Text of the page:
So, it’s less than a week away. Hope and dread return in equal measure. Two players of undoubted quality (Johnson and Aquilani) have arrived to bolster the strongest XI, but one (Alonso) has left.
Also gone are Hyypia and Arbeloa, both of whom would have only been back-up players going into the new campaign, but very good ones at that. Hyypia’s perennial fitness and professionalism already looks a great loss, with injuries mounting.
Some young players will be a year older and wiser (particularly Insua and N’Gog), and no-one is in danger of disappearing off the other end of the age spectrum, now that Hyypia has moved on.
The oldest player in the squad is only 31 (Carragher), and no-one else will be in his 30s when the season starts, bar Voronin, who has only just recently had his 30th birthday.
The average age of the strongest XI is a near-perfect 27.3 (the average of the previous 17 Premiership champions is 27.5), and the squad overall averages out at a very healthy 26, excluding those youngsters who may force their way into Rafa’s plans.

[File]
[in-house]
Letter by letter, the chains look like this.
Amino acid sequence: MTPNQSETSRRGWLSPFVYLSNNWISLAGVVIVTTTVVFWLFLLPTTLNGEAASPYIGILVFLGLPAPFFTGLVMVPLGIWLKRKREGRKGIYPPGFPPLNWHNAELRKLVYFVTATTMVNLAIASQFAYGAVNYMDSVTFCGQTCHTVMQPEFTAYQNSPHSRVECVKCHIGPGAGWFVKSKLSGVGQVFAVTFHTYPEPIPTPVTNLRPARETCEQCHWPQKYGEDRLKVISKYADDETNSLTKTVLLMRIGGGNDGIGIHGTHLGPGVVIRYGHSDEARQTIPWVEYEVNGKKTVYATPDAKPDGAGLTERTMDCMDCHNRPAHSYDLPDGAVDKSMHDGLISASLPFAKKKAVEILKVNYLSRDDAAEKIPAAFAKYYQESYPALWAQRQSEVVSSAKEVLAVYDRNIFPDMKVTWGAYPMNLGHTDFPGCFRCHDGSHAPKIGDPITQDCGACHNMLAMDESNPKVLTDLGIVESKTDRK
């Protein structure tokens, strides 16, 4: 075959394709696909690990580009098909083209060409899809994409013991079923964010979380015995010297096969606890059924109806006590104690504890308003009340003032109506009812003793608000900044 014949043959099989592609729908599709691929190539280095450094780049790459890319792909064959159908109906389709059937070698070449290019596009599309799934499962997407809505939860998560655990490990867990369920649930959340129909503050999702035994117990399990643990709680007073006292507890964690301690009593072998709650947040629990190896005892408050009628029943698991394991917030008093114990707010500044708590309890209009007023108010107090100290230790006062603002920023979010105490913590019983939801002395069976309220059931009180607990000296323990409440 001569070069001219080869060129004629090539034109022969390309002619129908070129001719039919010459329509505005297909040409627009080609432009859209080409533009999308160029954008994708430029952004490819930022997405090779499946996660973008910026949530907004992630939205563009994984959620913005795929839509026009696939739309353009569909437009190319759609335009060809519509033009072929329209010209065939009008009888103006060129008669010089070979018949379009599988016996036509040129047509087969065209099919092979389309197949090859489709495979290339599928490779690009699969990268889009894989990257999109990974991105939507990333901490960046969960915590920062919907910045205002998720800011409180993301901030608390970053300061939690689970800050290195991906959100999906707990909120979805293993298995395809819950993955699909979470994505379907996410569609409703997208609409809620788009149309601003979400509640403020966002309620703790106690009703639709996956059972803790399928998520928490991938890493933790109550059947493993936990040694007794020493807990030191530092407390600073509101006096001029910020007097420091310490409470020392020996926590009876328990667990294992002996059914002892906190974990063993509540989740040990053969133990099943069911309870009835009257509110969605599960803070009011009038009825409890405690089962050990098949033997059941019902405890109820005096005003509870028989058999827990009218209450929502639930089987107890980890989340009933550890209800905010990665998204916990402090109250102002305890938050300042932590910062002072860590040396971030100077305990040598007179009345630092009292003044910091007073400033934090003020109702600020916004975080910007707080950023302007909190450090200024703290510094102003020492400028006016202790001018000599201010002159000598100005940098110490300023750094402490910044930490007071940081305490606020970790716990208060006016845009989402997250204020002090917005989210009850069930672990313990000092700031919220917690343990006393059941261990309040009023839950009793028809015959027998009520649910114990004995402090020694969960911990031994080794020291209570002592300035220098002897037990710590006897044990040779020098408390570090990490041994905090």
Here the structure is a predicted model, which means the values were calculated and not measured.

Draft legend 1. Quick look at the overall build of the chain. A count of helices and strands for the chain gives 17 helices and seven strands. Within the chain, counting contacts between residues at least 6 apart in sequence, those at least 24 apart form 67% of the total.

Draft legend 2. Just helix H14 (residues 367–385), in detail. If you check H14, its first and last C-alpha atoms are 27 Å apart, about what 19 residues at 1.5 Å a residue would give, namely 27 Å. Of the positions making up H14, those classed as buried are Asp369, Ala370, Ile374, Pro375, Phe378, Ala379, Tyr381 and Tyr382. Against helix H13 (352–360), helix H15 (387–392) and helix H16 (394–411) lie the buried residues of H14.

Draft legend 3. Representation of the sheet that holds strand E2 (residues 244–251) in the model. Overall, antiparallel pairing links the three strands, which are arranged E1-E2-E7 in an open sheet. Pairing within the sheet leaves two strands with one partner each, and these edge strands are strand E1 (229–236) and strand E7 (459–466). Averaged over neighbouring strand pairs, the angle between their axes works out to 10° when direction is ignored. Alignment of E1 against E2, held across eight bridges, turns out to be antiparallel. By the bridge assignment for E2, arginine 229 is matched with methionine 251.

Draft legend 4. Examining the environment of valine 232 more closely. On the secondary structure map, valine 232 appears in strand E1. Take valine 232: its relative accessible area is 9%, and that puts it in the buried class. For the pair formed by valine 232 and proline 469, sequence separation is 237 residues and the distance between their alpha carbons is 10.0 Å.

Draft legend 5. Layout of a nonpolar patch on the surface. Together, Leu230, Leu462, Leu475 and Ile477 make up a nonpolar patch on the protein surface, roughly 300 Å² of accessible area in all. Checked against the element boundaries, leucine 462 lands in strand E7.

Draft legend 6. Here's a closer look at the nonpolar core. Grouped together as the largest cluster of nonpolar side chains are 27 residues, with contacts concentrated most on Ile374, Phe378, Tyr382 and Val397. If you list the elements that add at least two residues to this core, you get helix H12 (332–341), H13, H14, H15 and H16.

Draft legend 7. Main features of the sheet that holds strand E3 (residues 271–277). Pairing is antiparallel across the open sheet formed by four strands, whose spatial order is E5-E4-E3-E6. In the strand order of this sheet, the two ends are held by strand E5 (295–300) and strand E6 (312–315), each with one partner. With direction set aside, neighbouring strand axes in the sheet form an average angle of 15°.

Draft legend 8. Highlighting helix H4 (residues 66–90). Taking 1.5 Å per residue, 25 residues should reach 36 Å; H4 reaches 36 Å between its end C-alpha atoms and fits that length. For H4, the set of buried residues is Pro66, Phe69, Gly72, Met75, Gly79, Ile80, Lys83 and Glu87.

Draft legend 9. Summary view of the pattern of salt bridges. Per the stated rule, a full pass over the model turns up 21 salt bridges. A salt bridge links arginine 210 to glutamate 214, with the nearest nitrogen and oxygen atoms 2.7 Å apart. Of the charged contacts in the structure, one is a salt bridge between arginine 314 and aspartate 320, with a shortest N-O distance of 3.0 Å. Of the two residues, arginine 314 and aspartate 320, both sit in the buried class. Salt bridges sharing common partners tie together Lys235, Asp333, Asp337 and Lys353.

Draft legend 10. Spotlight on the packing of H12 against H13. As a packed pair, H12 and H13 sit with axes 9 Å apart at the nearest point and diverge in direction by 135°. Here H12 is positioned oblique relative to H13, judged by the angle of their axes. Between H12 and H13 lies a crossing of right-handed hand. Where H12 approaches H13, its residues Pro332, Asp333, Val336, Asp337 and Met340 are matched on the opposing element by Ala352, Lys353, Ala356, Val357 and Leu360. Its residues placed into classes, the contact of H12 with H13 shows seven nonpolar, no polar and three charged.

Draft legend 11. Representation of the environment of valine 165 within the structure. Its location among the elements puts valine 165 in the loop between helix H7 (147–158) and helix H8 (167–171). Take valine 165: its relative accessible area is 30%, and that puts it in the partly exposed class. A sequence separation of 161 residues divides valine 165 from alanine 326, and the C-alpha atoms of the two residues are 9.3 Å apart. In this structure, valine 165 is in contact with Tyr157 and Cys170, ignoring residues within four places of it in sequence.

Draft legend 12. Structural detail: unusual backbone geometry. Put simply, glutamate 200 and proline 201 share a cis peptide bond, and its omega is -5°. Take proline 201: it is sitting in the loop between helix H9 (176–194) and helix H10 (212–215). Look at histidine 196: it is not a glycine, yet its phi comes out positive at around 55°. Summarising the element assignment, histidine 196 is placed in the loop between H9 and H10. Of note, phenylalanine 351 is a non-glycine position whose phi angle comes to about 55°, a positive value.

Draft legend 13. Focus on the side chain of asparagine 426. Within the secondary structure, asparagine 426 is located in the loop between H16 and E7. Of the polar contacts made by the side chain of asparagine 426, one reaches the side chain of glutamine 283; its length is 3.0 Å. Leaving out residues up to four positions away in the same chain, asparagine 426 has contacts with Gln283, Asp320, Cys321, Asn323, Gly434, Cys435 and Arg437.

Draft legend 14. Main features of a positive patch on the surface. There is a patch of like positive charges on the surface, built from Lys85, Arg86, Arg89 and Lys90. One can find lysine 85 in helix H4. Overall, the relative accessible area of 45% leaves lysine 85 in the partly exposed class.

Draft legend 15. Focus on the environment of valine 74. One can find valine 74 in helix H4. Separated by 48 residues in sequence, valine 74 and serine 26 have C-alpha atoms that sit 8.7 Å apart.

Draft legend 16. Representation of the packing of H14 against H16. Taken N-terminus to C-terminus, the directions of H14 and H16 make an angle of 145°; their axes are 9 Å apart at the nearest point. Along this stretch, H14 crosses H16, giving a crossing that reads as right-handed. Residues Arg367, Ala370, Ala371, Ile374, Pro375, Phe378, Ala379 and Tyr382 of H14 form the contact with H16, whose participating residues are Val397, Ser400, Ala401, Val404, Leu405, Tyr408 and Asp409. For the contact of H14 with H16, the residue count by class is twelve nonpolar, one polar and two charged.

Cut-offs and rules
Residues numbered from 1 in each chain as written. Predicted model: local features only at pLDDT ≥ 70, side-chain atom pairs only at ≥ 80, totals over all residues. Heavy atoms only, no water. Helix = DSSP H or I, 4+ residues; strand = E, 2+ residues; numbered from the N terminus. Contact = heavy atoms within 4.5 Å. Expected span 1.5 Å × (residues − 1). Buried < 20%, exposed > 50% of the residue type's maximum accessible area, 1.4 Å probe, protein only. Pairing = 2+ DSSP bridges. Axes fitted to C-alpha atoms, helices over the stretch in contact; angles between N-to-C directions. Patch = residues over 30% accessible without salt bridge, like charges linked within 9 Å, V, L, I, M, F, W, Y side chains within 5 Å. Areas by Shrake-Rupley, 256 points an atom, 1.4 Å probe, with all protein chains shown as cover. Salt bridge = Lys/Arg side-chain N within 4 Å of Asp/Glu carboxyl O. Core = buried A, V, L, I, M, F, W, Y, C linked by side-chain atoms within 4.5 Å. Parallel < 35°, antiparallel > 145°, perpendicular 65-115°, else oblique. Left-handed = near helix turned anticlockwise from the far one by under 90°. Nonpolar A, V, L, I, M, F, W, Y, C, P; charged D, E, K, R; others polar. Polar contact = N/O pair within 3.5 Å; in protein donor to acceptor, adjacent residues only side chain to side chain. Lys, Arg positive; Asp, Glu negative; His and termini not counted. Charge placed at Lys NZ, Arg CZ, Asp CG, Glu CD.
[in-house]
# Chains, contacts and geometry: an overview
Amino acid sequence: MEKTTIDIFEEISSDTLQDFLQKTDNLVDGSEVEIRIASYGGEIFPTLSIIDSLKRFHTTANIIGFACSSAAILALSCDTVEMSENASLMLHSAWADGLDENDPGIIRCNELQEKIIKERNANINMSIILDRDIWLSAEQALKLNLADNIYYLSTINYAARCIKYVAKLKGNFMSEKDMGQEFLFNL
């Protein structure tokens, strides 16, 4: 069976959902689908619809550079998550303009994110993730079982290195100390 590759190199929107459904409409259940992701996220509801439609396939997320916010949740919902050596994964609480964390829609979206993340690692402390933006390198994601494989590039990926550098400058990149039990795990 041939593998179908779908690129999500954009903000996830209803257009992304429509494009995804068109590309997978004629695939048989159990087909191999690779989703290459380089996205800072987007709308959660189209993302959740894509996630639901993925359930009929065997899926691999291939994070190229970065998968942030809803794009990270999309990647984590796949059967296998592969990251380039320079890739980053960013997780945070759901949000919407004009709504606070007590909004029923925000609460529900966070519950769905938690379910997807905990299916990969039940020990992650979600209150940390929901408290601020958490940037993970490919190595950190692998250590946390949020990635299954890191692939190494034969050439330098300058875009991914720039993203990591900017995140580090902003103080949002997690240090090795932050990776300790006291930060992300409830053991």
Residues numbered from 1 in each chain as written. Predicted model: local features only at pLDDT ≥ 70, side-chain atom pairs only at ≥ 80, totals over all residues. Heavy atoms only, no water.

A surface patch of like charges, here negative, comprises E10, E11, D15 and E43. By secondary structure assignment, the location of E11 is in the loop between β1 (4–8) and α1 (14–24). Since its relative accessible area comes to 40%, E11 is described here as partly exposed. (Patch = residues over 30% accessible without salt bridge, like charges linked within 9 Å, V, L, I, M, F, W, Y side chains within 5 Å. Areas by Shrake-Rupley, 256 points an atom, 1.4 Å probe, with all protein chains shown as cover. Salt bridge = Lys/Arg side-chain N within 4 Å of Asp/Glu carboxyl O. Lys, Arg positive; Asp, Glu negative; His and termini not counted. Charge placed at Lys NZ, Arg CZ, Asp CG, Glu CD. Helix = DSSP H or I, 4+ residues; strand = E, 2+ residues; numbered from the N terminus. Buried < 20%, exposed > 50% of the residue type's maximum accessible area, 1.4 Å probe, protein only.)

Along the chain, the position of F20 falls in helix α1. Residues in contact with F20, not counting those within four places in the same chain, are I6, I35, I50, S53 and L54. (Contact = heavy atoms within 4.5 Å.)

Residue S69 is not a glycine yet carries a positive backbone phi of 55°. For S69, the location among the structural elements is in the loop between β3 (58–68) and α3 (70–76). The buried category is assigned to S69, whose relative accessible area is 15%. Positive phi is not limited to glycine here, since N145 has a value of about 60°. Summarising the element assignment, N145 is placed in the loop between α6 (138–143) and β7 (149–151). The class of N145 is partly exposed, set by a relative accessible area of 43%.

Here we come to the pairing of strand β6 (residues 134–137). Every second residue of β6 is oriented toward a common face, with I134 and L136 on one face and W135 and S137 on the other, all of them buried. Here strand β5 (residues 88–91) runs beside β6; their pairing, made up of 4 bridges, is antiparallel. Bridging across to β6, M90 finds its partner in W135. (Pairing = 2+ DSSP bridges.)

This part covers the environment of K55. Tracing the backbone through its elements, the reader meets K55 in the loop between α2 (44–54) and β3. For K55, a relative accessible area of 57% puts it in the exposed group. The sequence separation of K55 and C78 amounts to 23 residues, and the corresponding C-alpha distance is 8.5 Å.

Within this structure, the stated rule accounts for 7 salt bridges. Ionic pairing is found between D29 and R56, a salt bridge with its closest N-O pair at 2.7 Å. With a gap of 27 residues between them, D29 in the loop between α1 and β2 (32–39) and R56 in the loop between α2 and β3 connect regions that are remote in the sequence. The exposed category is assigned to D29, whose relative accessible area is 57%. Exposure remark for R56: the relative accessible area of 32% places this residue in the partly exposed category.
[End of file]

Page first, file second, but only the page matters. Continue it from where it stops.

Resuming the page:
Pre-season form hasn’t been great on the whole, but the players do so much intensive training at this time of year under Rafa it’s hard to know how much energy they have left come kick-off; often they’ll have trained hard the day of a game, and fitness is the main concern.
More confidence gained from impressive wins would have been nice, but pre-season can be so distorting – not least due to the range in fitness and determination of the various opposition sides – that successive strolls in pre-season can bring a rude awakening come the first league game.
Another centre-half seems to be a priority, with the risk of none being fit for the season opener at Spurs, and Liverpool facing Crouch, Carew and Stoke’s bombardment in the opening three fixtures. It certainly won’t be an easy start, especially if Liverpool have to call upon teenage reserve players. A defeat at Spurs wouldn’t surprise me, with Rafa starting a league campaign away for the 6th successive season, but from then until October, and the trip to Chelsea, I expect pretty much maximum points.
With Alonso gone, and Aquilani not fit until September, another early key could be Gerrard’s position; having said that I’d be loath to see him moved into central midfield, he opened up Atletico Madrid on Saturday several times in quick succession from that deeper position, with passes of great incision. (If Alonso was the better passer overall, his one weakness was not enough penetrating passes through the middle, in the way Gerrard can find.)
But the improvement of Lucas should enable Rafa to keep Gerrard and Torres in tandem up front.